Bats are able to hunt these insects thanks to a sort of sixth sense: they flood the surrounding area with sound waves and then use the return echoes to navigate through the environments. However, they also do this with regard to objects of limited extension such as the leaves: the latter reflect the signals and if the latter is a little weaker because there is an insect resting on the bats they can recognize the difference. And this also in a tropical forest, in the thick foliage that characterizes this environment.

Scientists have discovered that if the sound bouncing off the leaves comes from oblique angles greater than 30 degrees, the leaves themselves can behave like “mirrors” like a lake reflects the surrounding forest at dusk at dawn. This means, according to the researchers, that the same angle of approach makes the insect at rest detectable. Therefore the same researchers have deduced that the bats tend to approach the insects that rest on the leaves through angles comprised between 42 and 78 degrees, considered optimal angles to discern the same presence of the insect on the leaf.


New type of pulsating star discovered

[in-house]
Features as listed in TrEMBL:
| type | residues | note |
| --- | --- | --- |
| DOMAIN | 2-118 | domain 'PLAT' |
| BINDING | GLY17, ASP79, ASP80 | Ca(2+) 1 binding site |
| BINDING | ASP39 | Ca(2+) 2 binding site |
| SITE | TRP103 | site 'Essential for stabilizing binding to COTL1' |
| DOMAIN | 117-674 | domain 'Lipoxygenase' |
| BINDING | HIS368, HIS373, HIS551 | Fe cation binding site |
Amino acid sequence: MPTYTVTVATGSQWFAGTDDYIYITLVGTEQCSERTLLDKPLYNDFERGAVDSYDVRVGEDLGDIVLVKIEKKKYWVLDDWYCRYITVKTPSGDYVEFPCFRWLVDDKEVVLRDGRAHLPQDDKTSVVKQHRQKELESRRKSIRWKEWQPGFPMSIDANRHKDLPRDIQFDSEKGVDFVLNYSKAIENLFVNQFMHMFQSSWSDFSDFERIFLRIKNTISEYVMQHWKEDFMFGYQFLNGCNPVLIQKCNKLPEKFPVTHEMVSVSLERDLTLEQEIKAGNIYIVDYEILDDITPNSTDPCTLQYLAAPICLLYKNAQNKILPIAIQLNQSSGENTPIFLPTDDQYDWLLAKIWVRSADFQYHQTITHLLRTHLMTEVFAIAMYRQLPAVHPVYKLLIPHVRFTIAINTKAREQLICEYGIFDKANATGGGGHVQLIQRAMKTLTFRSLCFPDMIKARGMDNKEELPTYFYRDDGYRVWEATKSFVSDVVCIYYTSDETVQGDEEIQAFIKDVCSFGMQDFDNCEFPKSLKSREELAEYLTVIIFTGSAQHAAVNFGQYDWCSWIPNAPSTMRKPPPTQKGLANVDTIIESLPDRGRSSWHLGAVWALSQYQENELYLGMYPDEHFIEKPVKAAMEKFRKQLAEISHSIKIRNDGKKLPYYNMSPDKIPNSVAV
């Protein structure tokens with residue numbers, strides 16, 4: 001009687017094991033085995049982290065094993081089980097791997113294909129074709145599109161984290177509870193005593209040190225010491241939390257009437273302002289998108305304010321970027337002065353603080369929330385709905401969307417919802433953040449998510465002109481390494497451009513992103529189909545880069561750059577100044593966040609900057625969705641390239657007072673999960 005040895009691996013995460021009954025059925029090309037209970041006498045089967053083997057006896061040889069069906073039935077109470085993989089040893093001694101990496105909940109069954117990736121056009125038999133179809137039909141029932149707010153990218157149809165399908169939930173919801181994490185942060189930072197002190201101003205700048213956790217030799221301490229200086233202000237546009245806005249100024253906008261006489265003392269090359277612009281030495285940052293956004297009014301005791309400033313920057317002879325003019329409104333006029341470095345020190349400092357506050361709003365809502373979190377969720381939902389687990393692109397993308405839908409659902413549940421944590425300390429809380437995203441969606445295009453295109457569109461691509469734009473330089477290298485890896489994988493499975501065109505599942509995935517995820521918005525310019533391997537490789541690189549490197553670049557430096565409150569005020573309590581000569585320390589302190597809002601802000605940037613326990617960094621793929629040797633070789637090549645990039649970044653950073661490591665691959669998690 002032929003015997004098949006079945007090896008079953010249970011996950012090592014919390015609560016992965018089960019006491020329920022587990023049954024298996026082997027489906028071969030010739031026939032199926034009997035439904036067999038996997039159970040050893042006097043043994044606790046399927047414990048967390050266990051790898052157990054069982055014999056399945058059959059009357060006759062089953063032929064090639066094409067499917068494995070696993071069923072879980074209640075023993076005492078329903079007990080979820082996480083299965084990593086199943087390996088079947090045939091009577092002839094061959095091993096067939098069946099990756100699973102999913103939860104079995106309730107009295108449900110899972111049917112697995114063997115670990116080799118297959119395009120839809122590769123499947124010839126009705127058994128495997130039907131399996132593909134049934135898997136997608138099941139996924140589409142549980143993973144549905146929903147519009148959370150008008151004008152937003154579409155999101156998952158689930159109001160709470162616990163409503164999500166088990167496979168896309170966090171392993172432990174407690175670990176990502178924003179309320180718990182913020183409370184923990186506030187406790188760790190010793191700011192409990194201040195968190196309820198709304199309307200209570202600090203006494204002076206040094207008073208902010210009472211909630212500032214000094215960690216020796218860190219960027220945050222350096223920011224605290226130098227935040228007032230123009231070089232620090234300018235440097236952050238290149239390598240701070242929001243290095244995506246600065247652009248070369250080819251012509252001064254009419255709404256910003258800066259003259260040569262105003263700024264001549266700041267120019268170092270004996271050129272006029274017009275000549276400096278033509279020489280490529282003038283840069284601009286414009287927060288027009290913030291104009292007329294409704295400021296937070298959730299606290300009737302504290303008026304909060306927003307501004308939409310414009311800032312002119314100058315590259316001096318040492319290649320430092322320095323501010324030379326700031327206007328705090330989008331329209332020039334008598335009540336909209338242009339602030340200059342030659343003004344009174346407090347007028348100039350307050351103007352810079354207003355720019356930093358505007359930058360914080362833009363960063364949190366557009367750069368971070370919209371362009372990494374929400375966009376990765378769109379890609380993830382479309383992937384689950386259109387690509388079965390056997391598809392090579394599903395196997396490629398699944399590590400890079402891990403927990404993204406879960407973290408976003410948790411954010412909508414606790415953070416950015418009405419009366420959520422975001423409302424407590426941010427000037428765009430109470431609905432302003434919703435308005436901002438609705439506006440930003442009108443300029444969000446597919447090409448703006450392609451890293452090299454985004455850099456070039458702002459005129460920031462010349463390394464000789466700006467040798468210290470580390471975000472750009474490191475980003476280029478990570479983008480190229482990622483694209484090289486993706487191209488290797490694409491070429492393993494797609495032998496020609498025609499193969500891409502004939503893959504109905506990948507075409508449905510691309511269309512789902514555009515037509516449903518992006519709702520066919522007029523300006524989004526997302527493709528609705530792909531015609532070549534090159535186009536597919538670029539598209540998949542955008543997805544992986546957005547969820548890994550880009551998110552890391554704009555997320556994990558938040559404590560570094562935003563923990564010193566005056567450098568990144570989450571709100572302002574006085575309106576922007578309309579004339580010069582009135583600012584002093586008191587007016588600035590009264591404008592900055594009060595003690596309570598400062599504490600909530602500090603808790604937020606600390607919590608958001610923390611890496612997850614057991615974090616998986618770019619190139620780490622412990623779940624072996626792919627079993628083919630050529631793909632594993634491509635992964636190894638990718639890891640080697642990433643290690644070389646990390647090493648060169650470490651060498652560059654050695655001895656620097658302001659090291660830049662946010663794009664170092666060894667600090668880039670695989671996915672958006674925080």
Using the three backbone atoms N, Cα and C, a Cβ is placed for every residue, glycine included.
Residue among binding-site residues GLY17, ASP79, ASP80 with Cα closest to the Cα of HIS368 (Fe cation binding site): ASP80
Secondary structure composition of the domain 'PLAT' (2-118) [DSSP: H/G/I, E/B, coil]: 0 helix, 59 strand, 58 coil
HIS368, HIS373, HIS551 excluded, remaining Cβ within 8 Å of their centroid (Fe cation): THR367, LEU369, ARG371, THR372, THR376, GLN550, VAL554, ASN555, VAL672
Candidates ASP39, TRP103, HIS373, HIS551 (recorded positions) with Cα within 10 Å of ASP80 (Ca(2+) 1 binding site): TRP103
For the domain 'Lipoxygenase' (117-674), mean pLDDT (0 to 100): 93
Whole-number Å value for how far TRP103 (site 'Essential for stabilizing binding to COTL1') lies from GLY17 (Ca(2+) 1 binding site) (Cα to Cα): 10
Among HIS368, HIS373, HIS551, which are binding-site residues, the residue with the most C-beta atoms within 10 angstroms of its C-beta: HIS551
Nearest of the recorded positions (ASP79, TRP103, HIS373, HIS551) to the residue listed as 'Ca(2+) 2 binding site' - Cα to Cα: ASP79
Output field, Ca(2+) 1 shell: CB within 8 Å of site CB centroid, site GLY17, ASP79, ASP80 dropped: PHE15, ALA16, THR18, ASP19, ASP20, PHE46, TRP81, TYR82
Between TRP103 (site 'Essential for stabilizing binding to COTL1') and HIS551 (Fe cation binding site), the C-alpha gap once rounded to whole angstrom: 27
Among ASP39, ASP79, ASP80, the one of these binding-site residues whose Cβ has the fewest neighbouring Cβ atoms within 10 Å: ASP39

A group of scientists from the University of California at Santa Barbara claims to have discovered a new type of pulsating star. This new class of stars seems to vary the brightness every five minutes. In the study, published in the Astrophysical Journal Letters, the researchers, led by Thomas Kupfer, explain the results of their analysis.

In the press release on the university website is Kupfer himself, a researcher at the Kavli Institute for Theoretical Physics (KITP) of the same faculty, to explain the discovery. First of all, he reports that the pulsating stars, or even variable stars, are many and indeed even our Sun, even on a very small scale, performs pulsations. Around a variation of brightness of about 10%, however, we begin to talk about pulsating stars and those that see the major changes in the University are defined radial pulsators that seem to “breathe in and breathe” changing in size.

By studying these mutations in detail, it is possible to learn a great deal about these stars. And that’s exactly what Kupfer did that set out to search for binary stars with pulsation periods of less than an hour. They found four pulsating stars in which great changes in brightness occur within a few minutes and were not binary systems.

Checking the data, they realized that it was a new kind of pulsating stars that had hot button substances. The hot substances are stars that have “completed the fusion of all the hydrogen in their helium nucleus” and this is “because they are so small and can oscillate so quickly,” as stated by Lars Bildsten, director of the KITP and another author of the study.

They are very hot, much warmer than the Sun, although they have a mass between 20 and 50% of that of the same Sun. The pulsating hot substances were never predicted theoretically but, once analyzed, they adapted without problems to the main models of stellar evolution.